Stop, Look and Listen – Your Body’s Green Cross Code!

by Marianne  - June 14, 2011

STOP what you are doing, LOOK at your performance and LISTEN to what your body is telling you!

Today I came home from work with the full intent of training and pumping out the “SPARTAN 300” rematch that Adam challenged me to.  After a few minutes practicing my Kettlebell Snatches, I caved in to the urge to rest instead.

There are many times I hear a voice that says “I can’t be bothered” or “you can make up for it tomorrow”, and I am sure I am not alone in this.  So, how do you know when to listen to that voice or when to ignore it?

Firstly you need to STOP and let that other voice (guilt) be silenced.

Next, LOOK at your schedule (both training and life). Look at the training you have done over the last week, two weeks or month and look for progress or plateau.

Then, LISTEN to your inner common sense and consider if you need to push harder, change the tempo, add variety or just plain SLOW DOWN!

The bottom line is, that for most of us, a few days or even a week off training can do wonders. Not just for gaining energy and a little reprieve from training but, also for motivation, reflection and even some new inspiration or new goals.

If all you ever do is train, then think about the benefits of rest and recovery. The “I need to slow down” voice should not be ignored.

Recovery lets the body to replenish energy stores and repair damaged tissues. Training causes changes in the body such as muscle tissue breakdown and the depletion of energy stores (muscle glycogen) as well as fluid loss. Your progress happens DURING rest!

Recovery time allows these stores to be replenished and tissue repair to occur. Without sufficient time to repair, the body will continue to breakdown from intensive exercise. Symptoms of over-training often occur from a lack of recovery time. Signs of over-training include a feeling of general malaise, staleness, depression, decreased sports performance and increased risk of injury, among others.

An interesting article/podcast by Brad Pilon on his “Inflammation Theory” highlights some interesting considerations when it comes to fat loss and muscle gain.  This video presentation is well worth a look. Especially in relation to how lack of recovery could actually hinder your efforts to progress.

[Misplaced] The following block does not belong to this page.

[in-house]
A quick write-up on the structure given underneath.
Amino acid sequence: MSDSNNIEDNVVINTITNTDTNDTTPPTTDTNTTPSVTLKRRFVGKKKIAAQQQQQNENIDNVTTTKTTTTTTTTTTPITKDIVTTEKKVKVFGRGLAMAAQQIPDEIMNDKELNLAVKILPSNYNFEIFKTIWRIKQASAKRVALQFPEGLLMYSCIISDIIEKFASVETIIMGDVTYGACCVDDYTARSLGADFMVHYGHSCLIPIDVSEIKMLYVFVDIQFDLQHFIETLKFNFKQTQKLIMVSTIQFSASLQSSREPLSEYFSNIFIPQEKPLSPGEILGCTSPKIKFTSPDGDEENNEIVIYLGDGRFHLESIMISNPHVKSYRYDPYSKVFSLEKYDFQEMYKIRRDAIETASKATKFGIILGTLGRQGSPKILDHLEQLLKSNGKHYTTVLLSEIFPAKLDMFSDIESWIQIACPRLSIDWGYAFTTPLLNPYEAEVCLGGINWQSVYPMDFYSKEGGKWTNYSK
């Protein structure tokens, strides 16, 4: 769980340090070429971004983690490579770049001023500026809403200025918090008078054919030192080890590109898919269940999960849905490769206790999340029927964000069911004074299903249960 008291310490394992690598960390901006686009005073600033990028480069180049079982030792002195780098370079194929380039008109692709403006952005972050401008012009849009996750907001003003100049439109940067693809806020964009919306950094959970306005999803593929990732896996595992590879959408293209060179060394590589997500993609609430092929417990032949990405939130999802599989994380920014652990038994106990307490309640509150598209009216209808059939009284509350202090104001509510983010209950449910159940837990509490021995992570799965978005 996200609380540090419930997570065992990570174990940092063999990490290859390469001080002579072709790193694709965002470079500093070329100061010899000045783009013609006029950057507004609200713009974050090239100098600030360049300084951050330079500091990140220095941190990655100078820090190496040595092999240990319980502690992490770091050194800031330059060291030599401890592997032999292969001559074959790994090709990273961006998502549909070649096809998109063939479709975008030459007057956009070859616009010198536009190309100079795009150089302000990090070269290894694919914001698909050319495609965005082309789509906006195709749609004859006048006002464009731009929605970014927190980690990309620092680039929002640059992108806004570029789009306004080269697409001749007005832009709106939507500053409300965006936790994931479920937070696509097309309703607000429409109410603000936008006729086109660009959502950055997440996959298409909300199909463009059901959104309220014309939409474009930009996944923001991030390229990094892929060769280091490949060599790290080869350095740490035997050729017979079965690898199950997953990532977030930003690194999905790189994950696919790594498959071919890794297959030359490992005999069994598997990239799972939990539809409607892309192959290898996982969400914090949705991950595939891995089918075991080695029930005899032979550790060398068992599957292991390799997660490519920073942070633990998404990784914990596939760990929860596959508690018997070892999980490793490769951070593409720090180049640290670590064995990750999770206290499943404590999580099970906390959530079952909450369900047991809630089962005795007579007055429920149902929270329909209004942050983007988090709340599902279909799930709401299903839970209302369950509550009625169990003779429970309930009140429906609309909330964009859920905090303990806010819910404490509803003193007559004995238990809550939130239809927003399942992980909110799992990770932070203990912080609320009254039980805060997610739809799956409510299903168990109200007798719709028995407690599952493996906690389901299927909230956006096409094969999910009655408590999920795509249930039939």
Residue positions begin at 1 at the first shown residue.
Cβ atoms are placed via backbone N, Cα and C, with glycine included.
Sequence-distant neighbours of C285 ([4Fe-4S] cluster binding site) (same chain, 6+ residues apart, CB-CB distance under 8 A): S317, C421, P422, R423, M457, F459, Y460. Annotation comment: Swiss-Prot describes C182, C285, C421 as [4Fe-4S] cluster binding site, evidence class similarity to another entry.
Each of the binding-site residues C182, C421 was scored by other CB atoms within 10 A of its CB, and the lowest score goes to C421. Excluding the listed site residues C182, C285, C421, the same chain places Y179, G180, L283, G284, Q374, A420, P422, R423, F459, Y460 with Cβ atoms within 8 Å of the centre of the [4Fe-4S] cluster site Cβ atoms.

When you hit a plateau in either your strength gains, fat loss or motivation, also consider how much stress you are placing on yourself to reach your goals and, your time frame.  Are your expectations of how long your goal should take realistic?

Having the awareness to stop, the objectiveness to look and the ability to listen will take you one huge step closer to achieving your goals and performing better for Life!

(Sounds like a battery advert LOL)

Just some food for thought 😀 I look forward to reading your thoughts and experiences on the topic of overtraining, recovery and overcoming plateaus.




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    1. Thanks for this Lori, just what I needed to read 😀 I posted this to Facebook too to share with everyone.

      Be proud to be imperfect and learn to laugh at ones self 😛

  1. I love all the pictures of the cats chillin/resting. They know how to rest that’s for sure. In my situation I’ve been battling patellar tendonitis due to heavier lifting as well as some wrist pain from overhead squats and snatch. I’m determined to take a break for the summer months from any heavier lifting and focus on body weight movements and skill work in the olympic lifts. It’s been about a month now and I can already feel a difference. Fighting the urge to go harder/lift heavier is tough. Deciphering what inner voice to listen to is the challenge. Thanks for sharing. I’ll give the video on inflammation a look.

    1. Good for you Mark. What I found was after doing heavy DL and squats in the gym last year, I tapered it all down and just did kettlebells for about 4 months. Then , I went back to the lifting and was able to do so much better and at the same weights, but with better form! 🙂 It will do you no harm to focus on other things for a while – wish you all the best 🙂

  2. Hi Marianne,

    This is a really interesting post and one I can totally relate to. Overtraining is a trap I’m constantly aware of and one I sometimes fall into.